“Oh my. What is this?”


“Wow. I’ve never tried that before. Is it good?”

“Well, C made this batch, but we’ve got a few bottles of the store-bought stuff in the fridge. Wanna try?”

“Well, I’ve already got a beer.”

“Set it down and I’ll show you how to drink from it.”

How you drink from a horn is actually obvious if you think about it – you have to hold the point so that it’s in front of you and tip it back. I took a swig, it was rather tart but pretty good. She took the horn away and let me get back to my beer.

The party progressed as any non-catastrophic party with that many people in period costumes would: we got a little drunk and started singing. Eventually, one of my better friends came up to me with the horn.

“Have you tried the mead?”

“The homemade stuff, yeah.”

“This is the stuff from the store. I think it’s better.”

In our crowd, that’s blasphemy. Things made at home are always better. Admiral Ackbar would have known what was happening, but I walked into it. “Really? Let me try it.”

I was empty-handed, so he handed me the horn. It was nearly full. I tasted the mead; it was sweet and good, though not necessarily better. I said as much and tried to hand the horn back.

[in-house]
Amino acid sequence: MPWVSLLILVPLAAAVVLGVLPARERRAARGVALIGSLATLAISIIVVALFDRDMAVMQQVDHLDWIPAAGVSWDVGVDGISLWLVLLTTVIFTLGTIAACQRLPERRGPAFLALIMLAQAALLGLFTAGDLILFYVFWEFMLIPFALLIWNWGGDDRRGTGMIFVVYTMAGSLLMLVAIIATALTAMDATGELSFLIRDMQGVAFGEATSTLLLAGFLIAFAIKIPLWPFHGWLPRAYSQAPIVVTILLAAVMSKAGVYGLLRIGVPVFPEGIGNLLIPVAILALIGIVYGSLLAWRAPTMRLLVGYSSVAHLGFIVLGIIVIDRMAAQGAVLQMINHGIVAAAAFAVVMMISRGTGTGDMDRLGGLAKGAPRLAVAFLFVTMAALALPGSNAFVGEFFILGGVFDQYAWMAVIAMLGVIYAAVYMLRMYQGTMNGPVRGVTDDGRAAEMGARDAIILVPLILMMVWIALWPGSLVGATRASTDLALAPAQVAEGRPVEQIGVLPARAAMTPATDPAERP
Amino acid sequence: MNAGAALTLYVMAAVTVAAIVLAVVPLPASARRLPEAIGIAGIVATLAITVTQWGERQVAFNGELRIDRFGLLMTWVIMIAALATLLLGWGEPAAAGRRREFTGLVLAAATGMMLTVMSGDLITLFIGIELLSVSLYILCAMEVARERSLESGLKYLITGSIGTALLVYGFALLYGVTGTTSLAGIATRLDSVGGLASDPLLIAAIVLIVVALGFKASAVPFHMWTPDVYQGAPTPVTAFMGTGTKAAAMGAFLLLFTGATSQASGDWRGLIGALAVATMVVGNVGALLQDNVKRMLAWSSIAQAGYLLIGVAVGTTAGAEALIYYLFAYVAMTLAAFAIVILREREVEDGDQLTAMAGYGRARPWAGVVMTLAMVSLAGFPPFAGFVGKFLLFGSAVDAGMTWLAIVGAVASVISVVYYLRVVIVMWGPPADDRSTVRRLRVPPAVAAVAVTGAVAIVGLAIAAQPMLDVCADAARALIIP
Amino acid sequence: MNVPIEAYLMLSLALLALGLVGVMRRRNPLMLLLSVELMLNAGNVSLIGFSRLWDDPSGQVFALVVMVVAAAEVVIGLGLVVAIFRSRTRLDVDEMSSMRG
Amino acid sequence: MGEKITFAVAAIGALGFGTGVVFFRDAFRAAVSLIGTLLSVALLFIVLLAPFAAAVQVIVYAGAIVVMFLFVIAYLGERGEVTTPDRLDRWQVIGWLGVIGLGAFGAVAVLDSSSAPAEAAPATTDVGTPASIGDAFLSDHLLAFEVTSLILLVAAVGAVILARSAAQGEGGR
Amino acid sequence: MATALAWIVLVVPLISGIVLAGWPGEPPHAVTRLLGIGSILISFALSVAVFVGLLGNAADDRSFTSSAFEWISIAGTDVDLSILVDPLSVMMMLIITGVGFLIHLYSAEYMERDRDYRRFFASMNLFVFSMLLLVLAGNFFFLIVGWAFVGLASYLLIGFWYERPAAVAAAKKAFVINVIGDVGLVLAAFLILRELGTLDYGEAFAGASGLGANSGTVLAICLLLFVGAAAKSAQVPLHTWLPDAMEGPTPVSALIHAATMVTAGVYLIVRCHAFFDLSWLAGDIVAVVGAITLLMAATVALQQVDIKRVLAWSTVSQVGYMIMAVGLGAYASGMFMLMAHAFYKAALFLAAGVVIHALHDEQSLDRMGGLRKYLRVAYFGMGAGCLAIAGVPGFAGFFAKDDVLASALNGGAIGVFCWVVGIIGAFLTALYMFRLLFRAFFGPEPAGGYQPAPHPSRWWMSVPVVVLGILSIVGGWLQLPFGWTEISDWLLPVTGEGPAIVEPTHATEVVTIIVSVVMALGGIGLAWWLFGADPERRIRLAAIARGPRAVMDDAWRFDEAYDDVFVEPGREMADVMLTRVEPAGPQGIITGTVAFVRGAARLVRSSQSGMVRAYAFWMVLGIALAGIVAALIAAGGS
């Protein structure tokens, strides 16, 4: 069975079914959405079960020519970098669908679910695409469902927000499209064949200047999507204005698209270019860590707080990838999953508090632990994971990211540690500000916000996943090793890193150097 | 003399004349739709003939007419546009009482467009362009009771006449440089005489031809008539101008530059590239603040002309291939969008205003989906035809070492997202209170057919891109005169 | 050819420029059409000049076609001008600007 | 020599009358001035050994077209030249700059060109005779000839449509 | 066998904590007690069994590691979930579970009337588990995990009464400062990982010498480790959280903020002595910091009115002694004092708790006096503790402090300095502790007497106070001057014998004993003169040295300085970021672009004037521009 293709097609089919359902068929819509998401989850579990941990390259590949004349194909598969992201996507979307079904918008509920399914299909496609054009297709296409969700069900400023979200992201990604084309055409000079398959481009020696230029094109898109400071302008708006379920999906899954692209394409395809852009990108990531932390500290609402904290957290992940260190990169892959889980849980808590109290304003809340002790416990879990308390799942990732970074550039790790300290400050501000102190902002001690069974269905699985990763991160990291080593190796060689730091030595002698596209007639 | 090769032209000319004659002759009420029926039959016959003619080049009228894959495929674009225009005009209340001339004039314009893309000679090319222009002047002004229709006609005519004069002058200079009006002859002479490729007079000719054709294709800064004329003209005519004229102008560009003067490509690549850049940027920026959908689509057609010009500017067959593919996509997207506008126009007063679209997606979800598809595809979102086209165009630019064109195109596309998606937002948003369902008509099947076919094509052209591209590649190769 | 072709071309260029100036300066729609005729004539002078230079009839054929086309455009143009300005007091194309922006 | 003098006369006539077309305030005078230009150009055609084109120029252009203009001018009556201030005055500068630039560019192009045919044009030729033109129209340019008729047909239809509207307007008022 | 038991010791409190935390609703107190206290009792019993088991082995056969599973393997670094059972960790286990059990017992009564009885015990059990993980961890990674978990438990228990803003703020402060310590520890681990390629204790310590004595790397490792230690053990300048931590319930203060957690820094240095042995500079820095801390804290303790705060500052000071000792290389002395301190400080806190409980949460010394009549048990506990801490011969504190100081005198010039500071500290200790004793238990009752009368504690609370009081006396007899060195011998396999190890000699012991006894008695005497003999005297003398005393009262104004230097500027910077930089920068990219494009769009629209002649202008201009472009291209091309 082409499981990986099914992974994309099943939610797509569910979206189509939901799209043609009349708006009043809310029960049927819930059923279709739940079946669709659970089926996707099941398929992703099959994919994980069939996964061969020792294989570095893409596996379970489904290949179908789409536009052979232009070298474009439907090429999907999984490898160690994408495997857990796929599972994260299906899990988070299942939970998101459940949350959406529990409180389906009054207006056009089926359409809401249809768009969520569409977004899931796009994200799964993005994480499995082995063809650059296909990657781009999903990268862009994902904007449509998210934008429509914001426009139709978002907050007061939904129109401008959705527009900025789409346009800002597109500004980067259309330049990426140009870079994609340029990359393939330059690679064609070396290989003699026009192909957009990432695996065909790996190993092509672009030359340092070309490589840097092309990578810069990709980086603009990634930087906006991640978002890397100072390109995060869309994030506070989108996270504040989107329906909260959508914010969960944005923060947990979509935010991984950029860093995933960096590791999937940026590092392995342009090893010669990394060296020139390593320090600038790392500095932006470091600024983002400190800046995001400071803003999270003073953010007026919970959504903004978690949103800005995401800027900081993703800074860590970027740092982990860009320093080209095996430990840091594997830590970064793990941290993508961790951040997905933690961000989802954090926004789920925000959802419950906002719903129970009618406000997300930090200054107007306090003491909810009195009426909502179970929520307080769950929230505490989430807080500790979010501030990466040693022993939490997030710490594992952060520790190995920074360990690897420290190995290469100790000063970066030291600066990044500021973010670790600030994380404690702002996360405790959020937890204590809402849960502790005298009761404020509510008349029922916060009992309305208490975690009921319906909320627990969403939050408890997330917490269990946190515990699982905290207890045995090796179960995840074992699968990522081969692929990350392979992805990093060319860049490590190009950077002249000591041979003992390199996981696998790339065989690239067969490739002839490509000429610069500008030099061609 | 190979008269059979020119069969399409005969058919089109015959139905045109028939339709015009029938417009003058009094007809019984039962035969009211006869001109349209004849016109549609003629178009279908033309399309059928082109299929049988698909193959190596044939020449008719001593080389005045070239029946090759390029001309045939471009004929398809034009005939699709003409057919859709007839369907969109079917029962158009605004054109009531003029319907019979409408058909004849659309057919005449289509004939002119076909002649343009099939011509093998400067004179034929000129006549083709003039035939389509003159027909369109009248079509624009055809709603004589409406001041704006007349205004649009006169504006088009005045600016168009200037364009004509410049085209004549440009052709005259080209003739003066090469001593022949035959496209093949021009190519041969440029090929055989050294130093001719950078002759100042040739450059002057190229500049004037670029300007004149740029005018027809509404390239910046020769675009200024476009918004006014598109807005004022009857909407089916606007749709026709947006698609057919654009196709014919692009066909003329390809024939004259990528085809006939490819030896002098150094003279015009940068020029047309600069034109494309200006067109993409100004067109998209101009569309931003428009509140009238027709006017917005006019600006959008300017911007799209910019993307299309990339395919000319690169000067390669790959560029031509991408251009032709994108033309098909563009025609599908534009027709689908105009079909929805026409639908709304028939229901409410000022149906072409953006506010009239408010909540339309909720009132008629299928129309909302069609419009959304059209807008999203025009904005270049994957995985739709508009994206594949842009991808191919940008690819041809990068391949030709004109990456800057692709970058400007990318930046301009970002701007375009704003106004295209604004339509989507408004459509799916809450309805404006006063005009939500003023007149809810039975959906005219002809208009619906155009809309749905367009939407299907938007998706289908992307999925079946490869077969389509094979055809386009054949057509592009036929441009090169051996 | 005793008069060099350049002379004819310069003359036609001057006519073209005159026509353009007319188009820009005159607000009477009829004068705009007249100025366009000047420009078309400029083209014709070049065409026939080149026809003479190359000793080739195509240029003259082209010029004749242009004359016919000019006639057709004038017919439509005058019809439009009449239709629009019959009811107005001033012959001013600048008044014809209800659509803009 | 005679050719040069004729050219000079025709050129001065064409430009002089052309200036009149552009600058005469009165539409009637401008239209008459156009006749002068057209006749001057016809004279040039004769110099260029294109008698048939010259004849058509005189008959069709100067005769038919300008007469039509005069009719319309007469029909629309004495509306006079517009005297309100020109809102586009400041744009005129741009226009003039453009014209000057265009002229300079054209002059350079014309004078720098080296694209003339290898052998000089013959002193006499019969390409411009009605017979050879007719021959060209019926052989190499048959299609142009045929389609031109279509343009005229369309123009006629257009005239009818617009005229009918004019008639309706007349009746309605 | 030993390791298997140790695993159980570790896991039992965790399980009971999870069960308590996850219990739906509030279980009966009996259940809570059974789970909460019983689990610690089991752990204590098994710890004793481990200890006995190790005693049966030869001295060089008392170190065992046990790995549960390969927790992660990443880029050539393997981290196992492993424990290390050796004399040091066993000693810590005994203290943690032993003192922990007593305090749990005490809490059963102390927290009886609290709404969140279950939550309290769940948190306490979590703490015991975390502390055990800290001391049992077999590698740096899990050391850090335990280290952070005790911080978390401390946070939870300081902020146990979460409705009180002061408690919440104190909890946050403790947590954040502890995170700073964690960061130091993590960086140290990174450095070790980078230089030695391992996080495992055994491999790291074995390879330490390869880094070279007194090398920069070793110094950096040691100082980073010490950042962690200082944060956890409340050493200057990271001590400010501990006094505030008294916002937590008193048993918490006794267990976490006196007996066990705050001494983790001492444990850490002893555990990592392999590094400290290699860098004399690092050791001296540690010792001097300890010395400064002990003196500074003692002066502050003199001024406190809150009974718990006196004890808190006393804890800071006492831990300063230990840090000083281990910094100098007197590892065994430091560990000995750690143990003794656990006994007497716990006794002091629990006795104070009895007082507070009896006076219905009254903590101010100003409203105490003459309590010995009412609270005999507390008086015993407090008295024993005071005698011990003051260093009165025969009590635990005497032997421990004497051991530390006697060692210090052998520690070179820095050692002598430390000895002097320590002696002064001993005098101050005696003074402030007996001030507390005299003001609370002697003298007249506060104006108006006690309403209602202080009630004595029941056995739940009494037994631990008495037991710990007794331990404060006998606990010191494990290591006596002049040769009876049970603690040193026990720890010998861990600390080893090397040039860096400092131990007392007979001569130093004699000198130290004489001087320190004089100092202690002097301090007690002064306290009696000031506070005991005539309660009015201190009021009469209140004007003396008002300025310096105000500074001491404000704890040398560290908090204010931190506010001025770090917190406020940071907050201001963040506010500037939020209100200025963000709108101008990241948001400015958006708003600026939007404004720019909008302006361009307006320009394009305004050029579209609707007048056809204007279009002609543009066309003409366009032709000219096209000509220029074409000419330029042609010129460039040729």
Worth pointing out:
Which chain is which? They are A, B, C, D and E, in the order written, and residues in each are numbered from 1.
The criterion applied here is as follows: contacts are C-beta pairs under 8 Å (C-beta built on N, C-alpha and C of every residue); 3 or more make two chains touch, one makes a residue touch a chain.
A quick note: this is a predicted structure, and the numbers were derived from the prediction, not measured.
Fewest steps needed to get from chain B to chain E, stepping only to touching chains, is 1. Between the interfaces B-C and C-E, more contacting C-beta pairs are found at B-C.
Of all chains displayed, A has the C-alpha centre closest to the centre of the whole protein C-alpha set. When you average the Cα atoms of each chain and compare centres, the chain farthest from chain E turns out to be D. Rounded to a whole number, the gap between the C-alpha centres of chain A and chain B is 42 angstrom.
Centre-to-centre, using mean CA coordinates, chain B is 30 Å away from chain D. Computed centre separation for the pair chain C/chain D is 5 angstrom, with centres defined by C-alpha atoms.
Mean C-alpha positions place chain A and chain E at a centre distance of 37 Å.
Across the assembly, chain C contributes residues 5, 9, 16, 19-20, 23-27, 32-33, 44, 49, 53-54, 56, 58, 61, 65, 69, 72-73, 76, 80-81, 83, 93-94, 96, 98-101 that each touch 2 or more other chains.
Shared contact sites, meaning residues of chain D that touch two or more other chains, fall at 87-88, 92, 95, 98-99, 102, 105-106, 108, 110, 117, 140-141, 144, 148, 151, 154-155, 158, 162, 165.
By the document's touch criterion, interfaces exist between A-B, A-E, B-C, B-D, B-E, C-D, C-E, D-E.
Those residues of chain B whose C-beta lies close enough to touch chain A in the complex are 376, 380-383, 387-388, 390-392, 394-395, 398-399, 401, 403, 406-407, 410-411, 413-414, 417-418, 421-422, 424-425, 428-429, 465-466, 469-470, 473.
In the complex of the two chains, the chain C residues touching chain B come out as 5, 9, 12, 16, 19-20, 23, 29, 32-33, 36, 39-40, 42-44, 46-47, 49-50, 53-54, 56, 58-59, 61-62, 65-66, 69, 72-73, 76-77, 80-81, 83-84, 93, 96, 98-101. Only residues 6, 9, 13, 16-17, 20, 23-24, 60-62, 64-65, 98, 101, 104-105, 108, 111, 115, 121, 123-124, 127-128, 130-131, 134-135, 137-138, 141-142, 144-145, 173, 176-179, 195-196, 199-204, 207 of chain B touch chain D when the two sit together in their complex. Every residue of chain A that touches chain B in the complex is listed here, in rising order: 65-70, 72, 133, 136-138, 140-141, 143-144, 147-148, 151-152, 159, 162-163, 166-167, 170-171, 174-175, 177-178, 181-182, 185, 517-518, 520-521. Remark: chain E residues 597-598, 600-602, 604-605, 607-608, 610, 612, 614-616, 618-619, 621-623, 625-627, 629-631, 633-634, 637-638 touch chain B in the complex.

“Oh, no thanks. I’ve had enough.”

I drank a little more, or maybe a little more than that, wandered around with my new prop, and did all that party stuff that always happens but which we can never actually recollect very clearly the next day. Eventually, I decided I had had enough mead.

It was at that point that I realized the most important fact about horns: You cannot set a horn down without spilling all the liquid inside.

I tried to find someone else to take the horn, but everybody said they had had enough. It was still half full. There are worse problems to have than alcohol that you can’t set down. Out of primal instinct, I drank more — it’s just what you do when you’ve got alcohol in your hand and you’ve already had a few. At some point I actually internalized that I was drinking mead well after the point which I decided I didn’t need to have anymore; my plight became dire and my search became more desperate. Not that I stopped drinking then, either. That’s just not how it works.

Eventually, someone took it off my hands. I have no idea who, or how much mead was in the horn at that point.

I do know that the rest of the party was freaking awesome.

The next morning, notsomuch.

Mead? In the words of the last person who sold me something on “AAAAA ++++++ Thank you !!!!!”